I recently wrote a post called “The Power of One,” in which I talk about just how much difference a single person can make. And I truly do believe that every person on this earth can make a big difference in their personal lives, their families, their communities, and the world. But while I believe that each “one” of us can accomplish great things, I want to make sure that we don’t discount what many “ones” can do together. As important as it is for us to realize our individual power, it’s also important to appreciate our collective power. We need to recognize the power of many vs. the power of one.
The dark side of the “power of one”
Knowing and harnessing your individual power is undoubtedly important. I see too many people (especially creatives) doubt themselves, even to the point where they stop trying (thereby cutting off their personal power and justifying that self-doubt). But when people do embrace their “power of one,” and put their talents, abilities, and plans into action, it becomes very clear very quickly that even one person can create big change.
However, like any strength, when the “power of one” is taken to the extreme, it starts to become more like a weakness.
Consider these thoughts:
- “I’m going to do it all myself.”
- “I don’t need anyone.”
- “You can’t count on other people.”
- “I’m independent.”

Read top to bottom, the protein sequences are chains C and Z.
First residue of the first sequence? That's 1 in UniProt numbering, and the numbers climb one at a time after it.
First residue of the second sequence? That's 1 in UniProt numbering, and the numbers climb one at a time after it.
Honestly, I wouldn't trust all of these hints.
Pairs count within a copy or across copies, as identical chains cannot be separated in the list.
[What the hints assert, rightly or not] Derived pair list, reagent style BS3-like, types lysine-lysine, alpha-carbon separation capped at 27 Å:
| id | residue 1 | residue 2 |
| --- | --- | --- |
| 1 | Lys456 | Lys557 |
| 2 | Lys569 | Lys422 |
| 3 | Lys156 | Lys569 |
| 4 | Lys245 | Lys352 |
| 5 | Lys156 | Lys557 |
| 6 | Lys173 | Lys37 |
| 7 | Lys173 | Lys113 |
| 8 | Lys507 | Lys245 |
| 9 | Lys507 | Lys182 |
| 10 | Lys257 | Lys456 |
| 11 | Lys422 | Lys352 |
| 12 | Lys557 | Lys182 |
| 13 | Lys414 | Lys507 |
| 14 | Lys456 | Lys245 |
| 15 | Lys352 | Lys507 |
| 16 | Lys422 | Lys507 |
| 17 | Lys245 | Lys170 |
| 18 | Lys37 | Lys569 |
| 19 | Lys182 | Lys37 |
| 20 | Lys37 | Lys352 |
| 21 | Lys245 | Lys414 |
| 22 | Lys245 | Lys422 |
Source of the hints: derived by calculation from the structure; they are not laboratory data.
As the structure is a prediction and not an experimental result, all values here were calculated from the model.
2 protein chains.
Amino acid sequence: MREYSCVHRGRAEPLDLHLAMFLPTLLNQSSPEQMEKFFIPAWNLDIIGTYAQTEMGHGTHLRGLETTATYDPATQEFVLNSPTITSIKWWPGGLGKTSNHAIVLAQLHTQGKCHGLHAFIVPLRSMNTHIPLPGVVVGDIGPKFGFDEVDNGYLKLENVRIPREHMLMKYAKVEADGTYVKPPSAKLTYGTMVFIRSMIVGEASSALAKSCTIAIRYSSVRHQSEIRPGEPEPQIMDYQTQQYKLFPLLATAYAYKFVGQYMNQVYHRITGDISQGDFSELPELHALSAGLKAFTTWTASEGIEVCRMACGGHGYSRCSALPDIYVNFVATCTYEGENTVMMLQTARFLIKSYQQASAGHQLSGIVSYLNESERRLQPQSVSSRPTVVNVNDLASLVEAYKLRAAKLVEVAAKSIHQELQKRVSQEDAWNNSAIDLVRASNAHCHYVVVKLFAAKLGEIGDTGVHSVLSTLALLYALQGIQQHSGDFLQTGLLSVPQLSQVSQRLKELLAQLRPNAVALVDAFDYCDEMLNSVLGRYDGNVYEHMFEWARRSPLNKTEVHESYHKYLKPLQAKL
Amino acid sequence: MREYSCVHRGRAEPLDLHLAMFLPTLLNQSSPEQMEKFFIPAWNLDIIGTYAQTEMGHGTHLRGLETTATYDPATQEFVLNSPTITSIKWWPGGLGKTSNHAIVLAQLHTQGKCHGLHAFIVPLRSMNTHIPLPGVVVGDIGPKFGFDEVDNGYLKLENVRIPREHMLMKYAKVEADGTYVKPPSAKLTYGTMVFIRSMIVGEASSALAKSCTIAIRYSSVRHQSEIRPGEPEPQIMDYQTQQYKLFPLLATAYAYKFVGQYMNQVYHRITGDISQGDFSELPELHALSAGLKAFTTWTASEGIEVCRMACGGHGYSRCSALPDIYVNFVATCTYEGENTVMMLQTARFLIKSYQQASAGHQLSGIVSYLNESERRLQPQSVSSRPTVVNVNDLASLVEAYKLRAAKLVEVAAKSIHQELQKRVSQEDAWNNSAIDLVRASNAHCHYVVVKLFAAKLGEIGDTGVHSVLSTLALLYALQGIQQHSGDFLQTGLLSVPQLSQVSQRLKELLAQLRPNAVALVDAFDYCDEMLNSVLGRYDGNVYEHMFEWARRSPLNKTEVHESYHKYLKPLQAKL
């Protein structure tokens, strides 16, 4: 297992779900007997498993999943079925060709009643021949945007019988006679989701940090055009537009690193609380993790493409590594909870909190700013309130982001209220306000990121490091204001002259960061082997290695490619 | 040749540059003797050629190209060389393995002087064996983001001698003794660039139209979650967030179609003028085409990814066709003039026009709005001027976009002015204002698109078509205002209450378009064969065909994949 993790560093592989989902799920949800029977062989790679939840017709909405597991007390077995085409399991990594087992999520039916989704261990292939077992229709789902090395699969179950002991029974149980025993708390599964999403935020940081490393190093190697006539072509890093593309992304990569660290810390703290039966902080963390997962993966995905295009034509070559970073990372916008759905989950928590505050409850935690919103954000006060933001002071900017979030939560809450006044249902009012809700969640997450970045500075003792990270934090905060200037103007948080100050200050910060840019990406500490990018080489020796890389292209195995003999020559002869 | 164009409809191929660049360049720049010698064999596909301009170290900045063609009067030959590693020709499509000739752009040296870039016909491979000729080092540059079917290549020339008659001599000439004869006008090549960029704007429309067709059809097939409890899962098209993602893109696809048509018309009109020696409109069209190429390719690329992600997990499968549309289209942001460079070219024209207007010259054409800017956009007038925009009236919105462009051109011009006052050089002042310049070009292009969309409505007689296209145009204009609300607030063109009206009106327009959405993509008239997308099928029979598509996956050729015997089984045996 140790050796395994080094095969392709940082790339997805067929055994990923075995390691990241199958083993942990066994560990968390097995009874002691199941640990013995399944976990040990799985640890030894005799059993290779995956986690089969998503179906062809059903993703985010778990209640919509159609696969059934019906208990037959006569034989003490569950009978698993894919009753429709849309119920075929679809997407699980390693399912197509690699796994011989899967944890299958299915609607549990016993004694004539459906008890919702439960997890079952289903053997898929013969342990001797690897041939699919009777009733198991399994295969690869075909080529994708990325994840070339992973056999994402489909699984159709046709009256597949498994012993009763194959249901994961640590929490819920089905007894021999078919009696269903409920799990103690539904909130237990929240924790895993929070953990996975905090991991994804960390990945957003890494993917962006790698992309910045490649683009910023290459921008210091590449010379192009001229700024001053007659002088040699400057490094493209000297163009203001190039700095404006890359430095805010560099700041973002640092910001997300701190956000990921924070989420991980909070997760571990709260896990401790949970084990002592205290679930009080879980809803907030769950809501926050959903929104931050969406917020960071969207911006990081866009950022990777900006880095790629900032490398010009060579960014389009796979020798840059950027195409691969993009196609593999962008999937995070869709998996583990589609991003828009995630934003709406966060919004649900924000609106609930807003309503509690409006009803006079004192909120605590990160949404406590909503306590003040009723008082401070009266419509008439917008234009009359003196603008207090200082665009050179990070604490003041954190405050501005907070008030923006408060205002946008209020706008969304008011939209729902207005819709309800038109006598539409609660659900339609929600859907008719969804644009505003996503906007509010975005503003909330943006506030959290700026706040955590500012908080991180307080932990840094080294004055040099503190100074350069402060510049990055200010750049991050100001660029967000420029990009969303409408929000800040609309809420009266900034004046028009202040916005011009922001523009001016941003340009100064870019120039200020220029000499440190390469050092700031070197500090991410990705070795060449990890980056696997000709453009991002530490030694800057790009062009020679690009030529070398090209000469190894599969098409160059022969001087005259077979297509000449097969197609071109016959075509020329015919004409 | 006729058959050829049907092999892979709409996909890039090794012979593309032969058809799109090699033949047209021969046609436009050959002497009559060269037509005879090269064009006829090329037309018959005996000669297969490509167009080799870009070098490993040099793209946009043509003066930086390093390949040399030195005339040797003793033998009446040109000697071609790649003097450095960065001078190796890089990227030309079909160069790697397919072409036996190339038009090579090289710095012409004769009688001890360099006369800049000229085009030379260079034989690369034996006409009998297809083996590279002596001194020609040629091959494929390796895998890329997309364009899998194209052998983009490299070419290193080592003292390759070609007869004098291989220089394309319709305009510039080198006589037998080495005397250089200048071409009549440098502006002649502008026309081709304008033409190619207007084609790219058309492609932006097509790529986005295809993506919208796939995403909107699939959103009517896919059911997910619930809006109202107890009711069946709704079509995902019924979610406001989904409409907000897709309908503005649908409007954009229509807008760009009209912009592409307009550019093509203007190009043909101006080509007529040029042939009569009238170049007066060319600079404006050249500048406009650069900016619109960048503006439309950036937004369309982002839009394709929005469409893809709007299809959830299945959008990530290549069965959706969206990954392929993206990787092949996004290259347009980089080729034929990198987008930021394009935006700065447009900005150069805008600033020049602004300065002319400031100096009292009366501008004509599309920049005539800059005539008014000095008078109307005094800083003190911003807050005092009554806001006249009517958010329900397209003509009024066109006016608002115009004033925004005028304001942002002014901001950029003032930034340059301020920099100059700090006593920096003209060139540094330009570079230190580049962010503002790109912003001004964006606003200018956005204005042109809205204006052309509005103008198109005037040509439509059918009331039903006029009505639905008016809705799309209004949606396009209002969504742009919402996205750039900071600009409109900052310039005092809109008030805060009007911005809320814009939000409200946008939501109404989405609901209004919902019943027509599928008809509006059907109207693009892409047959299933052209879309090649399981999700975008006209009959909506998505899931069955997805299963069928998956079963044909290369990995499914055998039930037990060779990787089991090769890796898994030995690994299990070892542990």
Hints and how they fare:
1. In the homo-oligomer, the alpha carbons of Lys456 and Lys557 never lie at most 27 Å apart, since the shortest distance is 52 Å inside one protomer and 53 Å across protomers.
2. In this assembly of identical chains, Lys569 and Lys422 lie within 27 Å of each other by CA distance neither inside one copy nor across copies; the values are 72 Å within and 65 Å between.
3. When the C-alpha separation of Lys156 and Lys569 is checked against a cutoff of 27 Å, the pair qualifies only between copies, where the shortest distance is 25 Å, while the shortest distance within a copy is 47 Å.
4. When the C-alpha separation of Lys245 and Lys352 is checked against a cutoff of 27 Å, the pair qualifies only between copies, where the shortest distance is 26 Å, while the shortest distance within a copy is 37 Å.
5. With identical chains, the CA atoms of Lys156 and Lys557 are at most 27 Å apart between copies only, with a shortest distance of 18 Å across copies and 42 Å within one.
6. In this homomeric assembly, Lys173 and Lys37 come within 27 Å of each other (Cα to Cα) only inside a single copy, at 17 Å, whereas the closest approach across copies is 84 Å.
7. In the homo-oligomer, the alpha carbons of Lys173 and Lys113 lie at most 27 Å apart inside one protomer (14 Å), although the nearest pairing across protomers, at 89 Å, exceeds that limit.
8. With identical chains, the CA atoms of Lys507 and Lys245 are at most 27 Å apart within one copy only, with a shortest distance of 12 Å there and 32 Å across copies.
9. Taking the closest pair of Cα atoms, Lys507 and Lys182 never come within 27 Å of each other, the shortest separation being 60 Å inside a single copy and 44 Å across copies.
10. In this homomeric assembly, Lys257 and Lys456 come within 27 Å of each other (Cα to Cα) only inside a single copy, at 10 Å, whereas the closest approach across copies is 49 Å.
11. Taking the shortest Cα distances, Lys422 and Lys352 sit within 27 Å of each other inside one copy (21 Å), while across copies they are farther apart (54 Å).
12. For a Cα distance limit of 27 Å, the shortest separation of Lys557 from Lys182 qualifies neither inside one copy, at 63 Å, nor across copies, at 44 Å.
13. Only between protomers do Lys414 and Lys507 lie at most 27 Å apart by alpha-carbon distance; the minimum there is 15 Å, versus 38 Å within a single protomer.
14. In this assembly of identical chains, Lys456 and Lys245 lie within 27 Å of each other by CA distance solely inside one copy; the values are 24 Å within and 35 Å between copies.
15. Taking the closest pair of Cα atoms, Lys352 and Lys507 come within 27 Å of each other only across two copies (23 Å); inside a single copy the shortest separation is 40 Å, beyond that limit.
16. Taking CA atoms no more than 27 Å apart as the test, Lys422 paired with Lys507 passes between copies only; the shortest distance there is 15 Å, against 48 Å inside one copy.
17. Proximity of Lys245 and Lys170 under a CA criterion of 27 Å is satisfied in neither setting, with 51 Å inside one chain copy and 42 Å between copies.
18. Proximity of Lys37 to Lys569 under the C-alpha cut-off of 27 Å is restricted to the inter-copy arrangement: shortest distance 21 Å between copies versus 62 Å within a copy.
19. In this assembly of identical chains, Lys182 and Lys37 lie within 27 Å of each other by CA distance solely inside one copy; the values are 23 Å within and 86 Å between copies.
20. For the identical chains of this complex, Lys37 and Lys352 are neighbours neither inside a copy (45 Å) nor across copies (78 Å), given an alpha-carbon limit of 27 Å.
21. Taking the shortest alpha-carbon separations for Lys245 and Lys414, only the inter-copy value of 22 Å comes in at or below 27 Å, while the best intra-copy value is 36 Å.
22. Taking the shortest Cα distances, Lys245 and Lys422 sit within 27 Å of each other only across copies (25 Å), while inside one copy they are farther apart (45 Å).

Occasionally, such thoughts might come in handy, or even be healthy. But if repeated over time, a person with these thoughts is more likely to become cynical, burned out, and/or isolated.
We all know someone who is a “if you want something done right, you’ve got to do it yourself” type of person. These people take on every project, don’t accept (or want) help, and often push themselves beyond a reasonable limit in order to get everything done.
If I were to sum it up, I would say this: Believing in yourself gives you power. Believing only in yourself (i.e. refusing to believe in anyone else) limits your power. That’s because as real as the power of one is, so is the power of many.
The power of many
Think about modern-day visionaries: Steve Jobs, Mark Zuckerburg, Elon Musk, etc. Yes, those individuals had big ideas, and they were willing to put in work to make their visions a reality. They had a lot of individual power. But would any of their dreams or goals have been achieved if they’d only worked alone? Of course not. They may be creative, intelligent, and innovative, but even they can’t do everything themselves (certainly not successfully).